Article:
Here is an example of buying an espresso machine (such as Nespresso)
People will spend a disproportional amount of time learning about the machine and how it works. When they go to the store to buy it, if the sales person knows less than the buyer the buyer will be frustrated. We don’t like when we go to buy something and we know more about the product than the person selling it to us.
There are many great books on marketing out there. A great book I recently read is This is Marketing by Seth Godin. Here is how the book defines marketing:
Marketing is the generous act of helping someone solve a problem. Their problem.
and this one:
Marketers offer solutions, opportunities for humans to solve their problems and move forward.
There is nothing inherently bad about marketing to developers. Companies simply need to be helping solve developer’s problems. If we do this, then we won’t need to say that developers hate marketing (hopefully).
I think here is one good example of that (there are thousands more of course):
Webflow is a No Code platform to build websites. Above is their home page. Webflow is not telling people that they have a visual HTML editor – that’s a feature. They are telling people what problems they can solve, what is the outcome – build a better website, faster, without coding.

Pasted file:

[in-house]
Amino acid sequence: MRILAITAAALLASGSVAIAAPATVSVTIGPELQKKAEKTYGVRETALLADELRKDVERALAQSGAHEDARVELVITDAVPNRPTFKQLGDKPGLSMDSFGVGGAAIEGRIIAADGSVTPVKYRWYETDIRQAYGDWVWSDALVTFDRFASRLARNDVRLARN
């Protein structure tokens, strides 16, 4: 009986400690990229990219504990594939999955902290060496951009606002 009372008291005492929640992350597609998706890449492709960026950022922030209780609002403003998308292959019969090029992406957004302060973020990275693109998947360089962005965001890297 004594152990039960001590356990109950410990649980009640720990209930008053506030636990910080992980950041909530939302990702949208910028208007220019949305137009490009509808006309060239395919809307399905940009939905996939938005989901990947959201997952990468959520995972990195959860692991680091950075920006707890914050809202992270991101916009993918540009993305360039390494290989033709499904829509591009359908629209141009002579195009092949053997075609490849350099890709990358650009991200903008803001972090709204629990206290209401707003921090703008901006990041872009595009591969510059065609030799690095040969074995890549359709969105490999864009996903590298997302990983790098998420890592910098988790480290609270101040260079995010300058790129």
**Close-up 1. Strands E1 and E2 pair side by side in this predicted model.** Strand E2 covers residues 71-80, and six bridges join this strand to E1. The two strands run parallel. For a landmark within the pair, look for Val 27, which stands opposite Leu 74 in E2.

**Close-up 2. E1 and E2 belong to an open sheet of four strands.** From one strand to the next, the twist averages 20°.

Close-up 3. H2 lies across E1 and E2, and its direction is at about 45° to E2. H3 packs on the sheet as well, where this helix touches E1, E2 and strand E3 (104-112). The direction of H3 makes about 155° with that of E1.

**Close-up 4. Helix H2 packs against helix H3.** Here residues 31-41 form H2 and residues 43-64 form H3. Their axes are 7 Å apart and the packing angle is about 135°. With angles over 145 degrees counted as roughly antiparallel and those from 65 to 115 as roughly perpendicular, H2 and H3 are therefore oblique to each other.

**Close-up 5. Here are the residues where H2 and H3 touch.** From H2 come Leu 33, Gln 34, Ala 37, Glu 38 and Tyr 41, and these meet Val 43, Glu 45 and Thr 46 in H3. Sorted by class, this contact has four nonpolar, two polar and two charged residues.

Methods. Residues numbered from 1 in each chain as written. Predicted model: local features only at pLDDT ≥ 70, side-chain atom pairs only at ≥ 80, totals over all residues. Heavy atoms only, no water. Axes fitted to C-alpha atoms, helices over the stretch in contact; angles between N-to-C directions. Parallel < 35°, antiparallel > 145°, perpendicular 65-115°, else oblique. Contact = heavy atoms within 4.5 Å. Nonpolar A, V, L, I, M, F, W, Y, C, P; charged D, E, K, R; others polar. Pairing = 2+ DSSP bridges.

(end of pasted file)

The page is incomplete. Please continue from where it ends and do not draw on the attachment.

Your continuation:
Whether you call it developer marketing or something else – let’s help developers solve their problems, show them solutions, outcomes and share knowledge 🙌
On September 24-25 I attended the Future Developer Summit in Menlo Park, CA. It’s an event where about 60+ leaders discuss the future of developer marketing and developer relations. Here are pictures from the event. I created collages so you will see more than 10 pictures 😉
This week I attended Data Evans Developer Marketing Summit. I was there for just half a day but still attended very interesting sessions and snapped some pictures that I want to share. I will share notes from the summit probably next week.